Tuesday, December 15, 2009

Google Music - An Opportunity Missed

The following is pure speculation, with a touch of hopeful optimism, and not based on fact or any insider knowledge.

Google's plans to dominate your every online move is well documented, and considering their basic business model, it makes a lot of sense. Their main revenue stream is from advertising, and quite simply, the more people they can get online, the more their advertising will be seen. So how to get more people online? Simple; create a set of applications, add a 'cool' factor to lure people in, and then give them away for free. They started with Gmail, added calendar, docs, photo editing and management, earth, maps, and so the list keeps growing.
People's acceptance for working in the 'cloud' is growing, and their concerns over privacy are diminishing. Next year they'll launch Google OS on machines that are simply a vehicle for the Chrome browser, and I have no doubt people will buy them in their millions.
What are the 3 main uses for a computer?

  1. Research - This is where Google started; their search engine dominates worldwide.
  2. Work - Google already has this covered with Google docs, and several large corporations have already made the transfer to the 'cloud'.
  3. Recreation - Google has a very popular photo application in Picasa, and has video wrapped up with YouTube. They have also been active in Social Networking, although Orkut wasn't as successful as they would have liked. However, Friend Connect continues to grow, and rumours about Google's interest in Twitter keep resurfacing.
Where it falls short is music. How Google OS will handle music has not been fully addressed, as the machines intended to run Google OS are not intended to have the huge memory required to store thousands of MP3's. Although their are plenty of options for streaming music on the web, these sites have been faltering under the burden of fees paid to the music labels, and are more and more turning to subscription based services.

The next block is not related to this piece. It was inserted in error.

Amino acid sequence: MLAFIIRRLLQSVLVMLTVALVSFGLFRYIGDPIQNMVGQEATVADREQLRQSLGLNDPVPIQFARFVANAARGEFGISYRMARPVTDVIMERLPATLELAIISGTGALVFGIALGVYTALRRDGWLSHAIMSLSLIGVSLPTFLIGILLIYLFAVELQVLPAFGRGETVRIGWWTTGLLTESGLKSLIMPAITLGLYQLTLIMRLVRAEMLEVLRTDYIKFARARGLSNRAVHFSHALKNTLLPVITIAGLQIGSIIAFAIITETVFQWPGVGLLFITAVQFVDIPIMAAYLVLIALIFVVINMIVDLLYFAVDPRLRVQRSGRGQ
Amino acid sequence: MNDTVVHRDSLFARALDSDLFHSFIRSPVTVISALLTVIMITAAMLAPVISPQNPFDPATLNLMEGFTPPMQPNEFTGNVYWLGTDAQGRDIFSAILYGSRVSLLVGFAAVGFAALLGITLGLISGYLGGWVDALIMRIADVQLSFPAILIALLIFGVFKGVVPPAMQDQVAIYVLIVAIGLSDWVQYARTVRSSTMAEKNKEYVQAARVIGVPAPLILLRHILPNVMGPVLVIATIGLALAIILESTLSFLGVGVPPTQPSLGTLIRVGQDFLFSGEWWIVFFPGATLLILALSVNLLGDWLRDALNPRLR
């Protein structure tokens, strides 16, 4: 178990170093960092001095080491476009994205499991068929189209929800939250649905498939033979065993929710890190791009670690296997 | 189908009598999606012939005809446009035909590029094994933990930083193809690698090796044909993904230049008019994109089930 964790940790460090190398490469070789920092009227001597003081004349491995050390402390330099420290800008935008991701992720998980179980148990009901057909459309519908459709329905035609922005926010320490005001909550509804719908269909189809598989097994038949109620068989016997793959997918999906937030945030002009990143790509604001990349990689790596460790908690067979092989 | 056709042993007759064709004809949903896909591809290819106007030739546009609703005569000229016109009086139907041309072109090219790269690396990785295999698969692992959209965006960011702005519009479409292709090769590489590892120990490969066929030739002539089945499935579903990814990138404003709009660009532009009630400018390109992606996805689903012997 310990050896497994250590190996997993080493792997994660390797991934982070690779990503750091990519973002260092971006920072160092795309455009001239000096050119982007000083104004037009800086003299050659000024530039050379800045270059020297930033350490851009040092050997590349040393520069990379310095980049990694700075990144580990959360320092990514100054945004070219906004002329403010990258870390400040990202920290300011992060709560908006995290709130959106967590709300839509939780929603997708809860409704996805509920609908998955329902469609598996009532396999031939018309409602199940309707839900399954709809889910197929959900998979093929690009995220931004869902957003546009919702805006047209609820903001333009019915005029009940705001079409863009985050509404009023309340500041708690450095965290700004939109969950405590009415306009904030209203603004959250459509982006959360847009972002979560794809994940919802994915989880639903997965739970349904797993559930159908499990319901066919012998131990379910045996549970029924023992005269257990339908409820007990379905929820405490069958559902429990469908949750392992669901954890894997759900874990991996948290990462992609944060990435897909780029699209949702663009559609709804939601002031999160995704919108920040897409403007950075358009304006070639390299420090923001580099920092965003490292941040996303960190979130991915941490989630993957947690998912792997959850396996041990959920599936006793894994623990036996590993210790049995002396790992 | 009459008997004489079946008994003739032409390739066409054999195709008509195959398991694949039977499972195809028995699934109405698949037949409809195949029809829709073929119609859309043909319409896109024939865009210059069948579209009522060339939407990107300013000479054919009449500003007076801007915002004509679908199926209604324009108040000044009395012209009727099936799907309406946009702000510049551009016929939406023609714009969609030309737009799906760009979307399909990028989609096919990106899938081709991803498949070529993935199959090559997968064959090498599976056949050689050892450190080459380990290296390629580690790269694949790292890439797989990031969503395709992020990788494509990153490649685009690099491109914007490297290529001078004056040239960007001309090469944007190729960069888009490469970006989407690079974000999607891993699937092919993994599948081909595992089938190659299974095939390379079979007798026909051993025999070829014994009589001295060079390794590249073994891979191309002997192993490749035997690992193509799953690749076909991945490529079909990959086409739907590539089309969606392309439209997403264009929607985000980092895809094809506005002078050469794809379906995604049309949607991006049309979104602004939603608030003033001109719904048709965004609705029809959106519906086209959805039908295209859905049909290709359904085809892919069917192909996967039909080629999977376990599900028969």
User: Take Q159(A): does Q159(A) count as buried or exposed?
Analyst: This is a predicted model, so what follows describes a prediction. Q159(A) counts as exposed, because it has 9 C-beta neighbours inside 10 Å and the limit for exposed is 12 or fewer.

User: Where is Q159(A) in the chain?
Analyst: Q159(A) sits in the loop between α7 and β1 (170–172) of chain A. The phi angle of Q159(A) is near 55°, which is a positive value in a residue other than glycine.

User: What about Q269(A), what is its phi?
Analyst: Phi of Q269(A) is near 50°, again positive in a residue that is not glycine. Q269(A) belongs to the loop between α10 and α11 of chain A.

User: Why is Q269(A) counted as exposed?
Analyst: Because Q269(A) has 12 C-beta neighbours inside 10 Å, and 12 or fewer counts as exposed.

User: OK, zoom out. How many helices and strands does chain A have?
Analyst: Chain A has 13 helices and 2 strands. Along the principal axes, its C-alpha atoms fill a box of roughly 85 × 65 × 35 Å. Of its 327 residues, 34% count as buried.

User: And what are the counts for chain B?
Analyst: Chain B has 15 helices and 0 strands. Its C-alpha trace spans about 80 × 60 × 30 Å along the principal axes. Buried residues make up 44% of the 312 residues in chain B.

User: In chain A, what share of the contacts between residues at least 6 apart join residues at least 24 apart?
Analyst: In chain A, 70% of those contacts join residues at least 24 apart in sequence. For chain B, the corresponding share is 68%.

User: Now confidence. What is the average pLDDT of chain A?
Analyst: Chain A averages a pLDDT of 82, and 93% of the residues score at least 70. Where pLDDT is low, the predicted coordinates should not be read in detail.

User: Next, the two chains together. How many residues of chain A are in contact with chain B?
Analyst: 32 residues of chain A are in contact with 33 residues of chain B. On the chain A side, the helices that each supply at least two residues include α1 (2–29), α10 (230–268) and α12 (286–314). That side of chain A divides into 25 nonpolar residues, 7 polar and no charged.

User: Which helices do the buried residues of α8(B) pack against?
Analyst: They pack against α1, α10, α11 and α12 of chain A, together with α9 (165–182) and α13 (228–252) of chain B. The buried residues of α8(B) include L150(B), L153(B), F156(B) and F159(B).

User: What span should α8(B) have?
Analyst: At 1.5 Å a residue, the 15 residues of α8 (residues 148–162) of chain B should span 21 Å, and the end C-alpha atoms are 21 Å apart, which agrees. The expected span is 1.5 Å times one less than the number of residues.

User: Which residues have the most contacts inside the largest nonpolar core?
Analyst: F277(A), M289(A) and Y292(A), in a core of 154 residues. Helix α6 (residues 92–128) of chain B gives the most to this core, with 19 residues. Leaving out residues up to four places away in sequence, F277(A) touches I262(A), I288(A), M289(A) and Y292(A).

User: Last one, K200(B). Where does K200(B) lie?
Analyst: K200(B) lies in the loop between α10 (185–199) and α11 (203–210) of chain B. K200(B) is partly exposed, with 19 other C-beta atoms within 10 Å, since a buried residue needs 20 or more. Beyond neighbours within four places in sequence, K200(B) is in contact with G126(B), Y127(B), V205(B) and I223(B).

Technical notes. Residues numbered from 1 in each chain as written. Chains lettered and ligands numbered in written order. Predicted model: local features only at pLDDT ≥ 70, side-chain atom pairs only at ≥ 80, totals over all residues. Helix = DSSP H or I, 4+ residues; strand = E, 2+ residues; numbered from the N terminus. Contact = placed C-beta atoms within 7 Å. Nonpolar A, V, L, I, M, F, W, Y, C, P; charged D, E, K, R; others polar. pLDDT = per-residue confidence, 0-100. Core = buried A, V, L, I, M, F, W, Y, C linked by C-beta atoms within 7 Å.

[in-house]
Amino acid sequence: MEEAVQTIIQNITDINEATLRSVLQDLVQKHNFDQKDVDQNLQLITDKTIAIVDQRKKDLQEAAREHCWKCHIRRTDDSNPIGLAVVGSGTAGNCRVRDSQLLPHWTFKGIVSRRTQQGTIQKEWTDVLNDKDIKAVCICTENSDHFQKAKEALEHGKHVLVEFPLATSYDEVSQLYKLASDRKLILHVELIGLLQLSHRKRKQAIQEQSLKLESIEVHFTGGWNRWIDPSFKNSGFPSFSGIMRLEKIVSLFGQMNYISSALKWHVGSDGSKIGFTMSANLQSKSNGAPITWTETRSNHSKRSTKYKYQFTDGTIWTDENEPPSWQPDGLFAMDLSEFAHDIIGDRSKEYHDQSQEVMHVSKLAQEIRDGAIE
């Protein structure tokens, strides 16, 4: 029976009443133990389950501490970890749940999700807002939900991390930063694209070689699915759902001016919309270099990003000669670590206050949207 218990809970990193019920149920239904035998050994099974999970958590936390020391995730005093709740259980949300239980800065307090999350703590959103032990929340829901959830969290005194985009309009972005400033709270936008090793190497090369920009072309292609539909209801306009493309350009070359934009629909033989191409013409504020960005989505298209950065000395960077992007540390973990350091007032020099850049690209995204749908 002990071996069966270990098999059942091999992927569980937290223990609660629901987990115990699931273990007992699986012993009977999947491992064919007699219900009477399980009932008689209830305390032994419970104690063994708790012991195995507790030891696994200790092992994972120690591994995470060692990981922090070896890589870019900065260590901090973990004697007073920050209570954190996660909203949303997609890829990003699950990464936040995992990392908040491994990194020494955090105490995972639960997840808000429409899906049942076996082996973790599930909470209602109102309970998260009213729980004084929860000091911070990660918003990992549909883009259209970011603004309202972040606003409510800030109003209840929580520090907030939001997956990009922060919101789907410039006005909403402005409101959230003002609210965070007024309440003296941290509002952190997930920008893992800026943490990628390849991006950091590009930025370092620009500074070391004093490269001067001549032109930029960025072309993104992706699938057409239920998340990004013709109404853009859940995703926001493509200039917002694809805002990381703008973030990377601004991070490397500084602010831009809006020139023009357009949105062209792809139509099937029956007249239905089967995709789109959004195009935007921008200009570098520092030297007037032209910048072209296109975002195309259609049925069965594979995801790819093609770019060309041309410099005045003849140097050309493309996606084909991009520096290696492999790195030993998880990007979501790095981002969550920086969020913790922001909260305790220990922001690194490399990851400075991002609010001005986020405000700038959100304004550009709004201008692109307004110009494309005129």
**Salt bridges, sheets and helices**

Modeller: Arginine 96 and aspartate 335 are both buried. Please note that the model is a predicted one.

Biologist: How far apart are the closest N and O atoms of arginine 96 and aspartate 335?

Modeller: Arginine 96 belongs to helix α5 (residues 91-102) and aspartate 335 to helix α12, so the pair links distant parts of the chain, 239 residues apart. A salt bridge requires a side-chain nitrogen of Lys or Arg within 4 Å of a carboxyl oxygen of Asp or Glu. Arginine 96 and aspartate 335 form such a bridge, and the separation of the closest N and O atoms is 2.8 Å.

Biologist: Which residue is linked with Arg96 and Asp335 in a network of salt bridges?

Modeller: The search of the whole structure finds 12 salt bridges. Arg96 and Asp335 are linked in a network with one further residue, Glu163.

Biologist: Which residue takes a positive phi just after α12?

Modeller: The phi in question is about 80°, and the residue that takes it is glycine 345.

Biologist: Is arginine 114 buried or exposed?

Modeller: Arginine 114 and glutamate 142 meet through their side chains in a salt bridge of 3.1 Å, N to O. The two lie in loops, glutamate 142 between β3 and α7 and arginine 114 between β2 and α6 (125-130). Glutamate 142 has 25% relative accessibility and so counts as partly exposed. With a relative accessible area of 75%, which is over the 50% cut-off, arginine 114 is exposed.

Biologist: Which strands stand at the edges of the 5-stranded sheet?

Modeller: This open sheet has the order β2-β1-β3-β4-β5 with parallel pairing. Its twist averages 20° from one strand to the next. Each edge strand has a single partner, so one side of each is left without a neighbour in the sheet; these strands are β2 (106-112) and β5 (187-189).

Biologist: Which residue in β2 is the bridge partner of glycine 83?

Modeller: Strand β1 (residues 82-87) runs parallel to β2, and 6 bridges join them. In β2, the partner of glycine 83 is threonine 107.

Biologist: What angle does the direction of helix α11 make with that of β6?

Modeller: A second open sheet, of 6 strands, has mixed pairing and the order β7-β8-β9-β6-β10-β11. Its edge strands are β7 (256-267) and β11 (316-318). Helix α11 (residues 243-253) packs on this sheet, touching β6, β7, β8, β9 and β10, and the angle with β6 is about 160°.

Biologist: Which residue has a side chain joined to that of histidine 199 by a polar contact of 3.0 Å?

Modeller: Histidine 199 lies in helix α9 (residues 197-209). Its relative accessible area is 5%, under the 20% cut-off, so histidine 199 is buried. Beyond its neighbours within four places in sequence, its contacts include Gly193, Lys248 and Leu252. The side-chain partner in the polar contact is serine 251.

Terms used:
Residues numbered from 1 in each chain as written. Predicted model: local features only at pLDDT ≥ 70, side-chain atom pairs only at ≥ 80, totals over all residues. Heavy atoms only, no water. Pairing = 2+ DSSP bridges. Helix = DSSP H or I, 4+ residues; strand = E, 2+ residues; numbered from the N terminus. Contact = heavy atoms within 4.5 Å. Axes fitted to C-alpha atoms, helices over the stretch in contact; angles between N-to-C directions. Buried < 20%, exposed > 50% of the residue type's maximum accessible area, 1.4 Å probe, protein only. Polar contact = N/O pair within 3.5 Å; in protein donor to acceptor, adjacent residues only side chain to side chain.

Lala had a great model, and would have been a perfect fit for 'Google Music". On one's main PC, you access your Lala account and upload your entire music library to Lala, and then access it from any machine, via the web, for free. And legal. And the beauty of the system is that you don't have to physically upload your entire collection which would use many GB of bandwidth (and take days, if not weeks) - Lala scans your music library and registers each song in it's system. Then, if you want additional music, there is a nominal charge to allow streaming, or the option of downloading the song at a cost comparable to iTunes.
Lala sounded like they had the perfect model for Google, and they were for sale. But Apple beat them to it, and we will probably see these features being rolled out in iTunes at their next release.
The unfortunate problem with that is Apple's notorious 'walled garden'. You can only access iTunes with your iPod or iPhone, and although there are millions (and millions) of such users, supporters of Google's own Mobile OS, Android, will not be able to access Lala on iTunes. Google really slipped up on this one. Hopefully they have an even better solution!